Slowing down the sale is important for several reasons.

Top of the list for me is that it cultivates trust. Unlike what many online marketers would have you believe, rather than letting the sale escape, what it actually does is make a true and genuine yes much more likely. This is because people have the space to say no, meaning that when they say yes, you can count on it.

I can’t tell you how many times, clients have come to me complaining that people have said yes to working with them on a sales call, only to later change their mind or, worse still, have started to ghost them. The reason? They felt pressured to say yes, but deep down didn’t want to or they didn’t have enough time to make the right decision for them in the first place.

Slowing down the sale also ensures that you only work with right-fit clients. When you’ve spent adequate time with another person, getting to know them and taking the time to ensure that what you offer and what they need is a fit, then you are much more likely to enrol people who will benefit from your service. Working with ideal clients means you get to do your best work, which in turn means you’re much more likely to have a greater impact, which in turn leads to glowing testimonials and word of mouth referrals. If you’ve already experienced working with a less than ideal client or a perfect one, you’ll know what I mean.

Another important reason to slow down the sale is that it feels better for you as the business owner and for your would-be clients. No one likes to feel like they are pressuring someone into saying yes and nobody enjoys being pressured to make a decision faster than feels comfortable for them. When we as business owners create space for the right decision for all to be make, it makes such a refreshing change from the usual online practice of closing the sale quickly, that people really feel the difference and feel enormously grateful as a result.

And last but definitely not least, I believe we should slow down the sale because it’s the right thing to do. Might we lose some people, who would otherwise say yes with a bit more pressure? Maybe, but for those people who do say yes, what we create are relationships far more likely to last over time, because they are built on a foundation of trust and respect. So slowing down the sale is both the right thing to do and doesn’t have to mean less income in the long run, because when you work with people who trust you, they will buy from you again and again. I have seen lots of evidence of this in my own business.

That covers much of the why around slowing down the sale but how do we do it in practical terms. Below you’ll find six practical steps you can take to slow down the sale.

1. Slow yourself down

Slowing yourself down absolutely has to happen before you can genuinely slow down the sale for the customer. Oftentimes, before the money is flowing consistently in our business, we might find ourselves feeling needy or even desperate for the sale, so much so that when someone shows interest, it can be hard not to pounce on the opportunity.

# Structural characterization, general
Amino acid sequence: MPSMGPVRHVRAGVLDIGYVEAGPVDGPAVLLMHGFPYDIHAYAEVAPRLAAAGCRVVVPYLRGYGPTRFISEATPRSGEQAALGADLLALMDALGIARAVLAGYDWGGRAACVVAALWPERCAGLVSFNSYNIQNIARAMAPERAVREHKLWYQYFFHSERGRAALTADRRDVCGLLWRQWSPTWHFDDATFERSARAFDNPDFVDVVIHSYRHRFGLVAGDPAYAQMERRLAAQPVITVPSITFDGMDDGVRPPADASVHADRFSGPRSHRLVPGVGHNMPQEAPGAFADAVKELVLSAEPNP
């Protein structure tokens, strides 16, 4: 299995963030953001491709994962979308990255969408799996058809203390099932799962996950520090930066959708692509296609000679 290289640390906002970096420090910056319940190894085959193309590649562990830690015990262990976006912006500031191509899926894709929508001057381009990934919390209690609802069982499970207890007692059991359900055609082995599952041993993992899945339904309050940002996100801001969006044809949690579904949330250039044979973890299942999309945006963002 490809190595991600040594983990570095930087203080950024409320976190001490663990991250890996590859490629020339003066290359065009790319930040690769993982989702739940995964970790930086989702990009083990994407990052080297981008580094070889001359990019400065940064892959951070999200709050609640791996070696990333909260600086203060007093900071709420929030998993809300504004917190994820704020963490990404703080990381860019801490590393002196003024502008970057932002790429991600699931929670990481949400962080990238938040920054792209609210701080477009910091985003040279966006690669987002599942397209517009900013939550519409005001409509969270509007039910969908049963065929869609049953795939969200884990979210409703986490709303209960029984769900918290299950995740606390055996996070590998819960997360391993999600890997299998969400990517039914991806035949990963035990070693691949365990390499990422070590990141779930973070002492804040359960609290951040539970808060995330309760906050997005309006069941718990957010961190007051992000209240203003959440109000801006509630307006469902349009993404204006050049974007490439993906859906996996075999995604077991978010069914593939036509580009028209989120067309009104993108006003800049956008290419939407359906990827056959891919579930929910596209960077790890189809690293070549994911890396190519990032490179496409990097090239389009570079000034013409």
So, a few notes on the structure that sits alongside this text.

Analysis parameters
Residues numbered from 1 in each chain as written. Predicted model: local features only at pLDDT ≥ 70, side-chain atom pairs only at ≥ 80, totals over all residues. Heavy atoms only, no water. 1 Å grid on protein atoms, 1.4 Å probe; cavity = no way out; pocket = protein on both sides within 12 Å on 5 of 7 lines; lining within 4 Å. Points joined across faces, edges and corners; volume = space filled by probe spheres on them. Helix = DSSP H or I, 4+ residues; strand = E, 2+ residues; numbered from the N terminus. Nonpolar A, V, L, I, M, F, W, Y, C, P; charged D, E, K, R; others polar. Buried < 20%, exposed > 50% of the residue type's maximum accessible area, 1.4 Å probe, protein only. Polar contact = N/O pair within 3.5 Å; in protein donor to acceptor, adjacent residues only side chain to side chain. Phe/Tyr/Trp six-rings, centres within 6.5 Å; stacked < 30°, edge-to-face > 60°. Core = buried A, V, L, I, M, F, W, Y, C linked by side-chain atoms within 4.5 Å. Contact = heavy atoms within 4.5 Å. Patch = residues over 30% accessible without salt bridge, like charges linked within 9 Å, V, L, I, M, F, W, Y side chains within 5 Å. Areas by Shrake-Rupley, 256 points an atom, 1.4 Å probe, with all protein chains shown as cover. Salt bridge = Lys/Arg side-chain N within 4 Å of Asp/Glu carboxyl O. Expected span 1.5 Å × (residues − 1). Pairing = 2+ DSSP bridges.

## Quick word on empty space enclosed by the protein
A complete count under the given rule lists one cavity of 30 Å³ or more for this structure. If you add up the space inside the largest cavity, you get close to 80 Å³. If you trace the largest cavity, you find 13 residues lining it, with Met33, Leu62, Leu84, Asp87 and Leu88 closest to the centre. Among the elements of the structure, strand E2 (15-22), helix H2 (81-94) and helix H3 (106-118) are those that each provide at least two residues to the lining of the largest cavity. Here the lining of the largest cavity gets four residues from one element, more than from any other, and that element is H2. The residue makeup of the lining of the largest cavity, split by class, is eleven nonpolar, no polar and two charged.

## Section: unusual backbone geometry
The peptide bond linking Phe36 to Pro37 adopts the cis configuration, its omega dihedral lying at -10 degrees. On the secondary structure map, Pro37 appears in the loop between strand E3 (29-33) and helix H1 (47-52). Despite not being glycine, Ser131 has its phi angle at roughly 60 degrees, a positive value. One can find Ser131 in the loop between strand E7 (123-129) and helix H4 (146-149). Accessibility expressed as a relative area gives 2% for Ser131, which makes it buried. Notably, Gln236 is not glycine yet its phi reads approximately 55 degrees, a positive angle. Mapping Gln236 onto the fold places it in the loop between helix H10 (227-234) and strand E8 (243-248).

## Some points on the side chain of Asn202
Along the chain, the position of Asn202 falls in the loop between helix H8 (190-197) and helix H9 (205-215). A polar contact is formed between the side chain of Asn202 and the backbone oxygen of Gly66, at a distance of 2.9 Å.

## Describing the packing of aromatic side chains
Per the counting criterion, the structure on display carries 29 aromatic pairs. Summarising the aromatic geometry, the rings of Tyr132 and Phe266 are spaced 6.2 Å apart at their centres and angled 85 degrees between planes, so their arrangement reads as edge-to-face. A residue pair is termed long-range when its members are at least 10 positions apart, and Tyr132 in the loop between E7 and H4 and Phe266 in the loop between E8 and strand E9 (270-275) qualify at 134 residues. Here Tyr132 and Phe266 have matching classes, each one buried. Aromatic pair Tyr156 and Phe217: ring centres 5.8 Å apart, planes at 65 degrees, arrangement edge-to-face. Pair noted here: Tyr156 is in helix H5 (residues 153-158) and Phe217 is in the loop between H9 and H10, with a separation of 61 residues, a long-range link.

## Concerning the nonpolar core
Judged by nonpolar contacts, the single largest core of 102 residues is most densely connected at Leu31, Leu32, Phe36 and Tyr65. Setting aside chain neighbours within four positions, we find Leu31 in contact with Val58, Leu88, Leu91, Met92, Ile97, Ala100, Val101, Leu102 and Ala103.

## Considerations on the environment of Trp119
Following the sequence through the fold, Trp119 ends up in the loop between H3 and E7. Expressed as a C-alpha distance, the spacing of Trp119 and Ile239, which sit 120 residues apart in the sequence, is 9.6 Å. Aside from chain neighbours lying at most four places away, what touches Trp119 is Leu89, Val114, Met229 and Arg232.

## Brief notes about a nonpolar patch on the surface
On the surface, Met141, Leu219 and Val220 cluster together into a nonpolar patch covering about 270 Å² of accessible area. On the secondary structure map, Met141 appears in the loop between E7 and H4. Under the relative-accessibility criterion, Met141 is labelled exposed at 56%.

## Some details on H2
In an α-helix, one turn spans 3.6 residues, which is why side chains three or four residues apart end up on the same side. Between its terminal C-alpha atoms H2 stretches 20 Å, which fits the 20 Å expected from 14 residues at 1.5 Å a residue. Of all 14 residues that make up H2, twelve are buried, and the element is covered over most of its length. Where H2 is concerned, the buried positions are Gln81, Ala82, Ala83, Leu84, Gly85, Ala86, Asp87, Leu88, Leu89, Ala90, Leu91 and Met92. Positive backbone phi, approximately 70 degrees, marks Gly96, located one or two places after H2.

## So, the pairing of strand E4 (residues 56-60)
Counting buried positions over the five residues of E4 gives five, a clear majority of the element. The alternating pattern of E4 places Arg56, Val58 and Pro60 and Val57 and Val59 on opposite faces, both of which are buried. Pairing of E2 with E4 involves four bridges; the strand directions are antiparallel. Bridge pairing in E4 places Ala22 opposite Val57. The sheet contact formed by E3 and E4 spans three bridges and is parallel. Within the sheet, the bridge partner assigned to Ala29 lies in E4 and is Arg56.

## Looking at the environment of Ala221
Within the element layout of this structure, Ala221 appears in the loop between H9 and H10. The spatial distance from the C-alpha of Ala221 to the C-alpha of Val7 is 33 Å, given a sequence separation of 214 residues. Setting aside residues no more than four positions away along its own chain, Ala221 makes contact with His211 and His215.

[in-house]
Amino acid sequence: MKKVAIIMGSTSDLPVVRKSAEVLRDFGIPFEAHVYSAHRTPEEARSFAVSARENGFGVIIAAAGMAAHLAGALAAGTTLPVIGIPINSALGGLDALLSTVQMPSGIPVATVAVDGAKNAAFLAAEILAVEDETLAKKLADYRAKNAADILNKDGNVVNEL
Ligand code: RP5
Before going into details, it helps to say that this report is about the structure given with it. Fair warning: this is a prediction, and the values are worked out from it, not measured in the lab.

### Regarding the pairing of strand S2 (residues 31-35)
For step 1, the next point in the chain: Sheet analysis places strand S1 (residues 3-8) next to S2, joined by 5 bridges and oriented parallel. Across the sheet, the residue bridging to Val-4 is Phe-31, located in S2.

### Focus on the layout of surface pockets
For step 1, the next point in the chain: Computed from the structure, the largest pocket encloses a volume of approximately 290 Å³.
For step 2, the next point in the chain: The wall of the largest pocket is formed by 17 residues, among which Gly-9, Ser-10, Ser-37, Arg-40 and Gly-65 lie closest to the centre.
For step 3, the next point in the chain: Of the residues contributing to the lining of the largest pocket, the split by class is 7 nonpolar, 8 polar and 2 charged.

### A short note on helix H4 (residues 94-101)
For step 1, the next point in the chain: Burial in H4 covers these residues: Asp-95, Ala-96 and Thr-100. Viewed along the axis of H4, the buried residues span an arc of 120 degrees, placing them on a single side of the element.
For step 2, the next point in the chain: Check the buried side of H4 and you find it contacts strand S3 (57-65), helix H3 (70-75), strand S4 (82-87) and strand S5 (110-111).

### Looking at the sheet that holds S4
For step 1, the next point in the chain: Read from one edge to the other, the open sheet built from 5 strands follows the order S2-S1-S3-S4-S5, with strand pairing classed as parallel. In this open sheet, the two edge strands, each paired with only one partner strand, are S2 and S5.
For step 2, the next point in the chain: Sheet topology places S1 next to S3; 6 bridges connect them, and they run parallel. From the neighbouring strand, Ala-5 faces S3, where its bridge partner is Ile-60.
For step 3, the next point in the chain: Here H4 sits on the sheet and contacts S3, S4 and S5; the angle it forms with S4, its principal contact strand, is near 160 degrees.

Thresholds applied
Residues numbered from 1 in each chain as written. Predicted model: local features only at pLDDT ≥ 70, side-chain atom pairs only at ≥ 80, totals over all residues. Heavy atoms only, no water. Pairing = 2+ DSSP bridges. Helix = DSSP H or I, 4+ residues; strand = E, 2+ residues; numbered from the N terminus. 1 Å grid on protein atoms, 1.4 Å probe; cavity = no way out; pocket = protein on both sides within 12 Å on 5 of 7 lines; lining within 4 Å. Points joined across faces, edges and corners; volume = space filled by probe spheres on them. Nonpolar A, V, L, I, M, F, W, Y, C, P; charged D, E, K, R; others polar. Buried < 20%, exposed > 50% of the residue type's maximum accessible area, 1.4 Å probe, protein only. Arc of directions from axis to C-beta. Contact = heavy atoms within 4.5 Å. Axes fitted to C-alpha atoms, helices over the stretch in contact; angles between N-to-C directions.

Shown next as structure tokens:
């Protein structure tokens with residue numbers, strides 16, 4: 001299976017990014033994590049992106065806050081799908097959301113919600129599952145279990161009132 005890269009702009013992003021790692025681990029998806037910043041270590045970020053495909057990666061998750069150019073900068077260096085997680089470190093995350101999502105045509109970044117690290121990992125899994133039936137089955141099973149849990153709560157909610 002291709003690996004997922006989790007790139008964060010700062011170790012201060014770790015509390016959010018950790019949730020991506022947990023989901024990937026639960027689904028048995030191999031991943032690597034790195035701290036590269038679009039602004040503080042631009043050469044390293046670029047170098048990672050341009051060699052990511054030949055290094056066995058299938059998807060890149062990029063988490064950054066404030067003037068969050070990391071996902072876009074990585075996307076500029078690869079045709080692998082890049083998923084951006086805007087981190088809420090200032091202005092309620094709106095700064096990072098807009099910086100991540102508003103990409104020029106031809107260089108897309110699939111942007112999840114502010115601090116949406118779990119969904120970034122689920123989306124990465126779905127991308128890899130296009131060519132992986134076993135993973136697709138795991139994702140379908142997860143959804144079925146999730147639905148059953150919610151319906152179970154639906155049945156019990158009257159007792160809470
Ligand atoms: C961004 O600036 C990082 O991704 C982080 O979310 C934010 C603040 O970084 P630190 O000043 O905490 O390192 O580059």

Regardless of our financial needs, keeping our energy in check is crucial, if we are serious about creating the necessary space and conditions for a right-fit sale to occur. In the early days of my business, before talking to someone about working together I would remind myself that whilst I might need (or really want) to make a sale, I didn’t need to make this sale. That was my way of reminding myself that there would be other sales conversations and that getting a sale was not more important than enrolling the right person to my coaching program. Ahead of complimentary sessions or sales conversations, I would often meditate to get into a calm and trusting space — this really helped me to slow down.

2. Slow the customer down

You get to set the pace, just because someone you’ve never met before writes and asks you to share details of your packages, doesn’t mean you have to send over your prices in a heartbeat. Instead, you can say something like: before we get to that, let’s look at what you really need and whether or not what I offer can truly help you.

I see this with clients all the time. They are in reaction mode when someone expresses an interest in working together and because they haven’t taken the time to slow themselves down, they feel like they have to respond as quickly as possible with whatever the potential client has asked for.

Personally I won’t agree to work with someone unless I’ve coached or had a conversation with them and feel certain that there is something I can support them with. With that in mind, discussing the logistics of working together feels very premature. Besides which all of those details are on my sales page. I would much rather get into a conversation about why they are looking for help and what kind of help they are looking for before we even think about buying or selling.

3. Carve out adequate time and space to have a sales conversation

Of course sales conversations largely relate to the kind of services that people enrol for (such as coaching or group programs) because people are highly unlikely to put down several thousands dollars for such a service without having a conversation with you first.